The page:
Report on Expert Convenings for a New Work + Learn Future
What’s the connection between a non-profit foresight organization and a private foundation dedicated to improving education beyond high school? Simple: a shared desire to maximize individual opportunity, boost economic growth, and help ensure social stability.
Those goals are lofty, we know. But we at Institute for the Future and Lumina Foundation see this shared challenge—that of imagining tomorrow’s work + learn ecosystem—as one well worth taking. In fact, we’re convinced it is a challenge the nation must fully embrace. Read more in the AI Forces Shaping
Work & Learning in 2030 report.
Lumina Foundation focuses on meeting a specific national goal for education attainment: While 33.4% of Americans hold a postsecondary school degree today (according to Census Bureau data), by 2025, we want 60% of Americans to hold a degree, certificate, or some other type of high-quality credential beyond high school. We’re certain that such credentials will be increasingly important—both to individuals’ success and to the nation’s progress. But we know that today’s students—and tomorrow’s—face an uncertain future, fueled by major technological change and significant demographic shifts. That’s why Lumina is looking ahead, trying to imagine the coming work + learn ecosystem. Will degrees, certificates, industry certifications, digital badges, licenses, and other types of credentials be important verifications of learning in 2030 and beyond? And what will work, the key driver of credentialing, be like?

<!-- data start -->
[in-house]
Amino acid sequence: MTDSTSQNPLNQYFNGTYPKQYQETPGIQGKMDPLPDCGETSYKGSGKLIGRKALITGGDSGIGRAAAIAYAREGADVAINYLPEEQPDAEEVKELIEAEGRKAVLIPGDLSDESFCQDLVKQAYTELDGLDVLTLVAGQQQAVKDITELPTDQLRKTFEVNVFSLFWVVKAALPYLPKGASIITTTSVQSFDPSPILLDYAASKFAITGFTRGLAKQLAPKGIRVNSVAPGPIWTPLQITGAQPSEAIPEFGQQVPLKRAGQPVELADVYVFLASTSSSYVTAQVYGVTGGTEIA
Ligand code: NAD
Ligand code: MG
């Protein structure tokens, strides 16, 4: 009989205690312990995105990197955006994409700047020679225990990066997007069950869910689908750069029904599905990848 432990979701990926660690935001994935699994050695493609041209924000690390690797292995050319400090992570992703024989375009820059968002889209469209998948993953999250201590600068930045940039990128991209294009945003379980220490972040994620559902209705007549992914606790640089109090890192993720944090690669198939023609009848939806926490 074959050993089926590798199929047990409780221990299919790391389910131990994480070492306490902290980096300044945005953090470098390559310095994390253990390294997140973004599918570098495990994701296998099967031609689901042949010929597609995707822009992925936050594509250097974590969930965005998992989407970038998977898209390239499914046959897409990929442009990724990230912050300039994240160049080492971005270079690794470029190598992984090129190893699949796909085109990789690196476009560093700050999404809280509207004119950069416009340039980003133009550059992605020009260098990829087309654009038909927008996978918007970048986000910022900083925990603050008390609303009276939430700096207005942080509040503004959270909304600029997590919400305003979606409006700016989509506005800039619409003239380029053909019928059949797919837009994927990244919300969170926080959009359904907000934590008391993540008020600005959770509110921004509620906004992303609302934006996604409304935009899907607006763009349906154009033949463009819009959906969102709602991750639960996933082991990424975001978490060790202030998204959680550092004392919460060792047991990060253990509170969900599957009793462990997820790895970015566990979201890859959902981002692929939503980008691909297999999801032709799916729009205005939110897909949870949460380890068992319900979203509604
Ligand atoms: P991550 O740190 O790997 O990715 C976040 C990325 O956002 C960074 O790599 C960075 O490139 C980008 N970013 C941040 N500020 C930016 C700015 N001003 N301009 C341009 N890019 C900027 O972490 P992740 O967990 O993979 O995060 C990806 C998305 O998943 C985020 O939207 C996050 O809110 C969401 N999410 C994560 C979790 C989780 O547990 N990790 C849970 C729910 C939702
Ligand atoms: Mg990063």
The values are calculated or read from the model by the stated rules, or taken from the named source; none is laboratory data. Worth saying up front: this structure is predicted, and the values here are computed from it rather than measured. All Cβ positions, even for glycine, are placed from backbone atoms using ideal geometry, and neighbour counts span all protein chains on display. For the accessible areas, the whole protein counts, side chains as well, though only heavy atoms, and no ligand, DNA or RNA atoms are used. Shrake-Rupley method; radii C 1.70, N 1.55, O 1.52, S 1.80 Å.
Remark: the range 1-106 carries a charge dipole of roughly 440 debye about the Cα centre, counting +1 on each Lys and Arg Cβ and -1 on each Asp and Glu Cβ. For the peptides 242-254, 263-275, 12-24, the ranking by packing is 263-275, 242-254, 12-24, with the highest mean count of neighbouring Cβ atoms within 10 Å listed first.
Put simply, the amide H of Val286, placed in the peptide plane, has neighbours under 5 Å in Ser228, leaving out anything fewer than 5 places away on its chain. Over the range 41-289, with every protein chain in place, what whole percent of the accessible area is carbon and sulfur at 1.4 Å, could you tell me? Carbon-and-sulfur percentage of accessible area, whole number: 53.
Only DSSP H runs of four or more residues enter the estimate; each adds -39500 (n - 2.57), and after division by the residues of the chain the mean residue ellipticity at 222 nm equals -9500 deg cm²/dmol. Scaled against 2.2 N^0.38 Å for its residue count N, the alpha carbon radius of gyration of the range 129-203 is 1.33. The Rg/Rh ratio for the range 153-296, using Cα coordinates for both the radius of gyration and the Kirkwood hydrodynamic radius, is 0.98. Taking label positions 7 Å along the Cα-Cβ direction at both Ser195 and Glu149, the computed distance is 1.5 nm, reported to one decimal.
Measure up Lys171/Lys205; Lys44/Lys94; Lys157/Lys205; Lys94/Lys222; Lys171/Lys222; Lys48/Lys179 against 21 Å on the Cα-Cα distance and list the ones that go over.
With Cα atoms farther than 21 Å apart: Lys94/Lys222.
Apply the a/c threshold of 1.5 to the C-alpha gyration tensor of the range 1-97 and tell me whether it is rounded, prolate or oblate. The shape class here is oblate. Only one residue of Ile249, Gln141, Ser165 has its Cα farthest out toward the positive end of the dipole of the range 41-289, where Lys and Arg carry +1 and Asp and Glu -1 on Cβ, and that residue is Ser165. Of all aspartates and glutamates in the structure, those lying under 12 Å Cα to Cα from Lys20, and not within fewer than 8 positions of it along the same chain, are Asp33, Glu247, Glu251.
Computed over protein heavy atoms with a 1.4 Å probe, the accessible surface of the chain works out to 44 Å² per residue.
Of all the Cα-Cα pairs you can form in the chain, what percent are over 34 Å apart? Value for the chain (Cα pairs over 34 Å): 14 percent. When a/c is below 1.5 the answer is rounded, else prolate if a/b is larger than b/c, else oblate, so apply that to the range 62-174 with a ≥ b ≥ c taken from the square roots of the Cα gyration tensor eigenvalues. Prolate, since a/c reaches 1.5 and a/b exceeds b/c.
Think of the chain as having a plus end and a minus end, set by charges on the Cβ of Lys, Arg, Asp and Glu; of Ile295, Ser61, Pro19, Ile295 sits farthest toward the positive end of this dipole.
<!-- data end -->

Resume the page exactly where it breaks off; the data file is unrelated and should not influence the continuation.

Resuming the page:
Institute for the Future (IFTF) focuses on developing a broadly shared understanding of tomorrow’s world—what we call a “global literacy of the future”—among the 9 billion globally connected citizens over the next 50 years. While IFTF’s core clients are corporations and governments, many education institutions are also seeking assistance. Increasingly, we recognize that rapid, significant social and economic changes require new ways to blend work and learning. Unfortunately, it’s difficult to identify the type of curricula that can properly prepare students to succeed in the next decade and beyond. IFTF has taken a step in this direction by creating a Future Skills tool that can help identify, promote, and deliver the 21st-century skills that are crucial to future success.
IFTF’s annual future forecasts interpret current signs of change and suggest new strategies for navigating this turbulent period of transition. The first step in that process is to gain expert insights—a step that IFTF and Lumina recently took by hosting more than 45 national thought leaders for focused conversations about the signals of change they see and what they portend. In this report, we’re pleased to share the first of two conversations with our common communities of interest: students, workers, employers, educational institutions, researchers, and policymakers.
We’re very grateful to the national experts who joined IFTF and Lumina for these conversations. Their insights offer vital perspectives to help shape the work + learn ecosystem.